Owners of the former Fairmont Hotel in San Jose, rebranded as Signia by Hilton last year, are planning to sell off about a third of the hotel’s guest rooms.
Depending on what a potential buyer does with the property, some city boosters said the change could be a positive one for the downtown area, though others are concerned about the downsizing’s effect on marketing the city for conventions and events.
Alex Stettinski, CEO of the San Jose Downtown Association, said it’s unfortunate to see a major hotel being downsized, but understands hotels are facing challenges in general.
“When I learned about it I was sad. I was like, ‘Oh my god, that was the Fairmont, that’s our iconic hotel,’” Stettinski told San José Spotlight. “But I can see that they may think that it’s going to be hard to fill 800 beds on a constant basis.”
Sam Hirbod, a real estate investor and owner of the hotel at 170 S. Market St., told The Mercury News this week he has put the 264-room southern tower up for sale, and that dozens of interested parties have toured it.
The south tower was completed in 2002, an addition made by former owner Lew Wolff, who had partnered with a Saudi Arabian crown prince to purchase the original hotel in 1996.
All guests at the Signia are currently staying in the south tower, while the remaining finishing touches on a major renovation are made to the 541-room north tower, which also includes all the hotel’s amenities such as a reimagined lobby bar and lounge, fitness center and 65,000-square-foot conference space.
Hirbod told The Mercury News the south tower under new ownership could be converted to an extended stay model, such as a “corporate apartment concept.”
Derrick Seaver, head of the San Jose Chamber of Commerce, said he can’t comment on the specific business the hotel is doing currently, but noted business travel is still significantly lower than pre-pandemic levels.
“If we’re not having the return on business travel to the area that we have traditionally had, then businesses, particularly the hospitality industry, are going to have to be nimble and that’s exactly what they’re looking at,” Seaver told San José Spotlight.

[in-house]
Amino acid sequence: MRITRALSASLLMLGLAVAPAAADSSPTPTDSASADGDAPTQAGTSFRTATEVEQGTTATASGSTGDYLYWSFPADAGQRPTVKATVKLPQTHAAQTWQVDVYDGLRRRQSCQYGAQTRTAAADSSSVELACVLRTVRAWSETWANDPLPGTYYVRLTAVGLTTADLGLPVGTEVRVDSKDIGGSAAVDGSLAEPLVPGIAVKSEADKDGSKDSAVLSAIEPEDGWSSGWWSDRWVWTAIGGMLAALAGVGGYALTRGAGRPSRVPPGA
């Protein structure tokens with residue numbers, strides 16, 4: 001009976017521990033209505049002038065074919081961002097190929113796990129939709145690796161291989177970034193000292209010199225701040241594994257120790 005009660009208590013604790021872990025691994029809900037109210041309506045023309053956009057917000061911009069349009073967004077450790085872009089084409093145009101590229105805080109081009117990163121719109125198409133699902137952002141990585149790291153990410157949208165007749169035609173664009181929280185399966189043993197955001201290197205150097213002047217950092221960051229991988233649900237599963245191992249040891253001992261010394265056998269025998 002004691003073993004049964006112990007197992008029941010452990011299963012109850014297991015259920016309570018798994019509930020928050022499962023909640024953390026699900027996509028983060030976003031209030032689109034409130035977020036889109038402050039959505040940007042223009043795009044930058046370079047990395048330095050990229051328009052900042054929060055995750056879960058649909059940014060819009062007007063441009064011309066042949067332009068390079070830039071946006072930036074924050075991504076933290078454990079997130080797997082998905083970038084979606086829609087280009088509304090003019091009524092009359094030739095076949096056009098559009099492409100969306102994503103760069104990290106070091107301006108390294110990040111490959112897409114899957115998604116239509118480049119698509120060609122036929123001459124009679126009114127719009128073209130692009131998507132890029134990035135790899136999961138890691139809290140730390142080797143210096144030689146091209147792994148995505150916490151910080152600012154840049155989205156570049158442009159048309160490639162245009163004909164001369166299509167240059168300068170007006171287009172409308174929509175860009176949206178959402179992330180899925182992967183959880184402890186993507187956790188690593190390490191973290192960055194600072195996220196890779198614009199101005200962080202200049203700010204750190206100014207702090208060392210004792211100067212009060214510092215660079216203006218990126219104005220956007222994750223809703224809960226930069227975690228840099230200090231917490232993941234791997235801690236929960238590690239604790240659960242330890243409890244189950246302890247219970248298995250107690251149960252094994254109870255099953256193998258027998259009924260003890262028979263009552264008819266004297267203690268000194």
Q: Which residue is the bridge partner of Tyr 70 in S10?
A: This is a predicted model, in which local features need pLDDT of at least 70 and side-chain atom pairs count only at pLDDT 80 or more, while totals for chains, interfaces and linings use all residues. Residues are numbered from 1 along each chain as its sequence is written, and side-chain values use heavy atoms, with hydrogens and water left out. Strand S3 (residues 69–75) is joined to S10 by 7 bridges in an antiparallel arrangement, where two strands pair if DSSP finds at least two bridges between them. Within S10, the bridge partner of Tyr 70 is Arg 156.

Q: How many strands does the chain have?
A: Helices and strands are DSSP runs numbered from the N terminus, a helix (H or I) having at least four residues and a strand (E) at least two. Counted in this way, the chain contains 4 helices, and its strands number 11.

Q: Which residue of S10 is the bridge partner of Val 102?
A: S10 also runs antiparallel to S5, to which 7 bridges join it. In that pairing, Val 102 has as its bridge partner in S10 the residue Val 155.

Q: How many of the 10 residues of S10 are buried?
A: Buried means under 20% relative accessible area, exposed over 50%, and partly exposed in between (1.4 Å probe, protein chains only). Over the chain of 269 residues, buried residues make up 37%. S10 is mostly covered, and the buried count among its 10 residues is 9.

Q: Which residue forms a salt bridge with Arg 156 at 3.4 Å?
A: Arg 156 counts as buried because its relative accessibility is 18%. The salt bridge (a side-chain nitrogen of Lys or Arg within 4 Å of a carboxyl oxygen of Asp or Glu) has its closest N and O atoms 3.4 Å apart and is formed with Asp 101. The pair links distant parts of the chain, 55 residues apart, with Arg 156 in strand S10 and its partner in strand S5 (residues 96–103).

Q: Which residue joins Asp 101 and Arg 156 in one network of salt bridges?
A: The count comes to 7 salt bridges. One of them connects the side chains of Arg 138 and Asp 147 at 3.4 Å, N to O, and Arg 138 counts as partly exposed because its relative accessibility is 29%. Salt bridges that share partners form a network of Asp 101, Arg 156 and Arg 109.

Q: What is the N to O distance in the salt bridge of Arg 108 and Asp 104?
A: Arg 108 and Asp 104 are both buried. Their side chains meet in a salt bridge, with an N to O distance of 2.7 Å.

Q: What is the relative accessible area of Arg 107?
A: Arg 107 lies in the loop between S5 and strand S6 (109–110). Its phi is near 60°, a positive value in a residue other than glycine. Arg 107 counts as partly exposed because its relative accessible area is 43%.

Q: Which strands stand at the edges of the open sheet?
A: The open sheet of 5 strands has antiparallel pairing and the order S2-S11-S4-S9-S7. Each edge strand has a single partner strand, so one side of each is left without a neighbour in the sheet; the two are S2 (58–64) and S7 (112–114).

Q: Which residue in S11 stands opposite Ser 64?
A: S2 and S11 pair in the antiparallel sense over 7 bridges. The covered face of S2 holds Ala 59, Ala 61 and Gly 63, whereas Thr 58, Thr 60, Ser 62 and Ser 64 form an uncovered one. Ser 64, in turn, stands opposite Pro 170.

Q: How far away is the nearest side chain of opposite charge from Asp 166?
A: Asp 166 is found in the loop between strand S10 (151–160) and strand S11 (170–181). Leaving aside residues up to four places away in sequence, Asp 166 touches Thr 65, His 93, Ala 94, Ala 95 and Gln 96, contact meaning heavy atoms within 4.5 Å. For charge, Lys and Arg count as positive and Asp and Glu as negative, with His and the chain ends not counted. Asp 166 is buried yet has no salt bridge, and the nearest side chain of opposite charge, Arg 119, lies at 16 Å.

He thinks a long-term stay model could benefit the downtown area, especially if the hotel isn’t filling up near capacity on a regular basis.
“The goal is vibrancy, to have as many people down here as often as possible,” Seaver said. “And if the current use of this facility doesn’t suit that, and there is another best use of that facility to suit that, we certainly would be optimistic that they can deliver on that promise.”
Hirbod did not respond to requests for comment. A Hilton spokesperson said the company will continue to manage the hotel property.
“We remain fully committed to welcoming guests with the quality service and signature hospitality experience they have come to enjoy,” the spokesperson said.
John LaFortune, president and CEO of Team San Jose, a destination marketing organization aimed at bringing visitors to the city, said the three-year average occupancy rate in downtown hotels is about 56% currently, about 20% less than pre-pandemic levels.
Occupancy rates downtown aren’t expected to rebound until at least 2025, and LaFortune said losing a large chunk of rooms will slow that recovery, and hurt the overall visitor economy, especially for booking events at the nearby convention center.
“Convention booking is contingent on securing available room blocks for attendees. If there are less bookable rooms, there are less conventions,” LaFortune told San José Spotlight. “A loss in available group rooms will further damage downtown vibrancy and will push convention center group rooms to the airport or outskirts of the city, making San Jose more difficult to sell.”
If fewer conventions come to the area, LaFortune also said it could lead to a decrease in overall hotel rates in the city, compounding the potential impact as the city might lose out on more hotel taxes.
Stettinski said he’s glad the north tower, the larger portion of the hotel, will remain, and that it’s still a decent size with 541 rooms. He also thinks an extended stay model could work for the south tower and the downtown area.
“If we can fill this tower with people who do contract work here in the area and stay for six months, or even a year, that brings a lot of vitality and vibrancy to downtown,” he said. “These people will develop habits and routines that reflect those of residents.”
It’s not clear how soon the tower could sell, nor who the buyer might be. Hirbod presented the possible sale as a win-win for the city. Despite being optimistic, Stettinski said the city will have to wait and see.
“It remains to be seen who the buyer will be and what they are going to be doing with that tower,” he said. “You are always taking a chance with a sale, we can only hope for the best.”
Contact Joseph Geha at [email protected] or @josephgeha16 on Twitter.
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